A perusal of the respondent’s position paper and other submissions indicates that he neither ascribed gross negligence or bad faith to the petitioner nor alleged that the petitioner had assented to patently unlawful acts of the corporation. The respondent only maintained that the petitioner had asked him to sign a new employment contract, but that he had refused to do the petitioner’s bidding. The respondent did not thereby clearly and convincingly prove that the petitioner had acted in bad faith. Indeed, there was no evidence whatsoever to corroborate the petitioner’s participation in the respondent’s illegal dismissal. Accordingly, the twin requisites of allegation and proof of bad faith necessary to hold the petitioner personally liable for the monetary awards in favor of the respondent were lacking.
The CA reinstated the Labor Arbiter’s decision by relying on the pronouncement in Restaurante Las Conchas v. Llego,4 where the Court held that when the employer corporation was no longer existing and the judgment rendered in favor of the employees could not be satisfied, the officers of the corporation should be held liable for acting on behalf of the corporation.5
A close scrutiny of Restaurante Las Conchas shows that the pronouncement applied the exception instead of the general rule. The Court opined therein that, as a rule, the officers and members of the corporation were not personally liable for acts done in the performance of their duties;6 but that the exception instead of the general rule should apply because of the peculiar circumstances of the case. The Court observed that if the general rule were to be applied, the employees would end up with an empty victory inasmuch as the restaurant had been closed for lack of venue, and there would be no one to pay its liability because the respondents thereat claimed that the restaurant had been owned by a different entity that had not been made a party in the case.7
It is notable that the Court has subsequently opted not to adhere to Restaurante Las Conchas in the cases of Mandaue Dinghow Dimsum House, Co., Inc. v. National Labor Relations Commission-Fourth Division8 and Pantranco Employees Association (PEA-PTGWO) v. National Labor Relations Commission.9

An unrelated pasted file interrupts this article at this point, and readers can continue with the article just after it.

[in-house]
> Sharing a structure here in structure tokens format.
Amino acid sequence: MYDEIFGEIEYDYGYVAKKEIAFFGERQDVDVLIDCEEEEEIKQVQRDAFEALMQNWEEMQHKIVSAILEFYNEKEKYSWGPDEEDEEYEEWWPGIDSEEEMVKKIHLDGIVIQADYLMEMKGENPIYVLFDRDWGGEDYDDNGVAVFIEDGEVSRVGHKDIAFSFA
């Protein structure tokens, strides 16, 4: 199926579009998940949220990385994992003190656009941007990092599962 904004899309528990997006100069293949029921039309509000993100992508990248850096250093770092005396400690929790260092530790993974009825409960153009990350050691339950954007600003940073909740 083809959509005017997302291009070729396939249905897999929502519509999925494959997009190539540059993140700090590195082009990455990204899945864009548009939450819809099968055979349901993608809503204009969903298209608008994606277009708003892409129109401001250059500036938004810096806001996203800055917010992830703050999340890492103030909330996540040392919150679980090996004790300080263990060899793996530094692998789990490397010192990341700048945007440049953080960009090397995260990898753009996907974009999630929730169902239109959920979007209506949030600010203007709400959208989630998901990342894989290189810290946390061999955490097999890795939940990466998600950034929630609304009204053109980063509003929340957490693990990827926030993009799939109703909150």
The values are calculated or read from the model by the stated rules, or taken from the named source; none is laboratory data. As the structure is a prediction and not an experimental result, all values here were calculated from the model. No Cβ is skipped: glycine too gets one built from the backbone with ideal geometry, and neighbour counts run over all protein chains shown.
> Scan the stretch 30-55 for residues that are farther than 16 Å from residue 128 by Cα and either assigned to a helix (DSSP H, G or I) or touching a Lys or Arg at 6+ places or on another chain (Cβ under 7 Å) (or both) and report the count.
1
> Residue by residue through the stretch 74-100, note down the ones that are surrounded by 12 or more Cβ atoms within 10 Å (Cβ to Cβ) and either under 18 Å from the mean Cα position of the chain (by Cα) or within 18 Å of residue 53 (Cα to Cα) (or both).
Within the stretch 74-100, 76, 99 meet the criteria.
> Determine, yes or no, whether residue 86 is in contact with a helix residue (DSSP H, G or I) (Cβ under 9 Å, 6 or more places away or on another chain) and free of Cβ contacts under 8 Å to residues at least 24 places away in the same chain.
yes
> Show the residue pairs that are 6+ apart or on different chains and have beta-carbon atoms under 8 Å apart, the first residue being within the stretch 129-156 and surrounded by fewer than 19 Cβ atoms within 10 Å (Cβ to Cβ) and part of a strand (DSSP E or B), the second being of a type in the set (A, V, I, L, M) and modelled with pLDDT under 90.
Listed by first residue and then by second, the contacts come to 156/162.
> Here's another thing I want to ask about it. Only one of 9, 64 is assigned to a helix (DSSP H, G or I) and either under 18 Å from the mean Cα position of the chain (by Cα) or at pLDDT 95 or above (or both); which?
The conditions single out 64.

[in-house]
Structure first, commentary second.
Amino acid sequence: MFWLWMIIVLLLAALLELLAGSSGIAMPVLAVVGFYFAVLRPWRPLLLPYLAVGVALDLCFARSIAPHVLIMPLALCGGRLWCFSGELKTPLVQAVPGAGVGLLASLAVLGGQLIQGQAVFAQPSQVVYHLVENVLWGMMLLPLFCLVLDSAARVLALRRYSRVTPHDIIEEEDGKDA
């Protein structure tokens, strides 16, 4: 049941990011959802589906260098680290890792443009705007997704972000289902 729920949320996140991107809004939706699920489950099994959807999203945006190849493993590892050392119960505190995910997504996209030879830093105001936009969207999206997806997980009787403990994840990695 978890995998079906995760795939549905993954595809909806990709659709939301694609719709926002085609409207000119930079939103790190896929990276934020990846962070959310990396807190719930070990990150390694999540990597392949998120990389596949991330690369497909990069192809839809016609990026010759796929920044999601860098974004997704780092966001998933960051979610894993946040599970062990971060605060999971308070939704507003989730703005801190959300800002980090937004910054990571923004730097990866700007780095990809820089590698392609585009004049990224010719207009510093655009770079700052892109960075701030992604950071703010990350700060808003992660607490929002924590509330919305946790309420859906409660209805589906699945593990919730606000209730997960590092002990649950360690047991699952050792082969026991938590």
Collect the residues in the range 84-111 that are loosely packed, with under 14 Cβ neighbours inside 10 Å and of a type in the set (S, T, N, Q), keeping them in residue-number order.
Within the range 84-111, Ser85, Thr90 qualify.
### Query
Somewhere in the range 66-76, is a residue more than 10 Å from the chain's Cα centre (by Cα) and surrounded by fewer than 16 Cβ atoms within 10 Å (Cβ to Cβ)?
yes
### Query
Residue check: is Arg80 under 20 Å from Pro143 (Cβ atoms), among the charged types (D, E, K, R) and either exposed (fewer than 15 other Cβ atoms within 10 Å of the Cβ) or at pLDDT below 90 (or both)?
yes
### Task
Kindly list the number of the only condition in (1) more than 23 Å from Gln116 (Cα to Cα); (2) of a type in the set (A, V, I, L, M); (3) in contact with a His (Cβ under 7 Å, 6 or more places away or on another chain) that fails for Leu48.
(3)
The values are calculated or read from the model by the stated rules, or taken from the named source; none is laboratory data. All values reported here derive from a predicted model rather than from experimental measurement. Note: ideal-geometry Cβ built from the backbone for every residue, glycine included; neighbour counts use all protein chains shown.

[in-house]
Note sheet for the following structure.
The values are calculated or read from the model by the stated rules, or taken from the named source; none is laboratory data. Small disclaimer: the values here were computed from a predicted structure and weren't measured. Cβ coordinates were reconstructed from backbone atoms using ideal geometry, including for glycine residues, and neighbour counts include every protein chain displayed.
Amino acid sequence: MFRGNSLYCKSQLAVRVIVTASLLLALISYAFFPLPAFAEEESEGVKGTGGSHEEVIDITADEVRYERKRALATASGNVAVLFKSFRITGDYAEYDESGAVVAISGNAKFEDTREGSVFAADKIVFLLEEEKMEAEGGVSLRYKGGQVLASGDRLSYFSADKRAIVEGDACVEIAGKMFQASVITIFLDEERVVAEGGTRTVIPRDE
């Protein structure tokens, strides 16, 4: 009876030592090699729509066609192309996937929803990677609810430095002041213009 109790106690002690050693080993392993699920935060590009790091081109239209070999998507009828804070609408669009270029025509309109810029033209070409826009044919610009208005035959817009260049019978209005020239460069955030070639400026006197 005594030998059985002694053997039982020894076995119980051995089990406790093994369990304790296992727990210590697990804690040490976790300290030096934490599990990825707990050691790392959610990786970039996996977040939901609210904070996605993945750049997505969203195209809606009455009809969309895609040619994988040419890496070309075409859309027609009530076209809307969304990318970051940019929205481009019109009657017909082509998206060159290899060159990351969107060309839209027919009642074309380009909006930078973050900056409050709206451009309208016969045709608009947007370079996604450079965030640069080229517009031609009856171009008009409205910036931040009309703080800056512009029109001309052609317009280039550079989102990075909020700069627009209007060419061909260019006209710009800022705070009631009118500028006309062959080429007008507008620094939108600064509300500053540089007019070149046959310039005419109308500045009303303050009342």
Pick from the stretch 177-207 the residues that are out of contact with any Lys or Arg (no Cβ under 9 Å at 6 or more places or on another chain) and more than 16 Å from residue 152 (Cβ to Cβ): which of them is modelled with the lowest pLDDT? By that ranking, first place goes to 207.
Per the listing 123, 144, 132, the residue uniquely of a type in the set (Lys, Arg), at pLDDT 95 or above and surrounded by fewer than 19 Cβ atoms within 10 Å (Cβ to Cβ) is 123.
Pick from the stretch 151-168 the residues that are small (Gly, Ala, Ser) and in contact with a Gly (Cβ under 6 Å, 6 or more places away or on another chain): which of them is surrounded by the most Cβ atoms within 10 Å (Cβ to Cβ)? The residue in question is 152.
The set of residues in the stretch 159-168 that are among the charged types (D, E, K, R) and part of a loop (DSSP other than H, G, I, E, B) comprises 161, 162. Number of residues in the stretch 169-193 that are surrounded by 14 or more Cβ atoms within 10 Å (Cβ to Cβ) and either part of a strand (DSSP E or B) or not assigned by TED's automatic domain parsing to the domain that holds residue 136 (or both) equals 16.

In Mandaue Dinghow Dimsum House, Co., Inc., the Court declined to follow Restaurante Las Conchas because there was showing that the respondent therein, Henry Uytengsu, had acted in bad faith or in excess of his authority. It stressed that every corporation was invested by law with a personality separate and distinct from those of the persons composing it as well as from that of any other legal entity to which it might be related; and that the doctrine of piercing the veil of corporate fiction must be resorted to with caution.10 The Court noted that corporate directors and officers were solidarily liable with the corporation for the termination of employees done with malice or bad faith; and declared that bad faith did not connote bad judgment or negligence, but a dishonest purpose or some moral obliquity and conscious doing of wrong, or meant a breach of a known duty through some motive or interest or ill will, or partook of the nature of fraud.
In Pantranco Employees Association, the Court rejected the invocation of Restaurante Las Conchas and refused to pierce the veil of corporate fiction, explaining:
As between PNB and PNEI, petitioners want us to disregard their separate personalities, and insist that because the company, PNEI, has already ceased operations and there is no other way by which the judgment in favor of the employees can be satisfied, corporate officers can be held jointly and severally liable with the company. Petitioners rely on the pronouncement of this Court in A.C. Ransom Labor Union-CCLU v. NLRC and subsequent cases.
This reliance fails to persuade. We find the aforesaid decisions inapplicable to the instant case.
For one, in the said cases, the persons made liable after the company’s cessation of operations were the officers and agents of the corporation. The rationale is that, since the corporation is an artificial person, it must have an officer who can be presumed to be the employer, being the person acting in the interest of the employer. The corporation, only in the technical sense, is the employer. In the instant case, what is being made liable is another corporation (PNB) which acquired the debtor corporation (PNEI).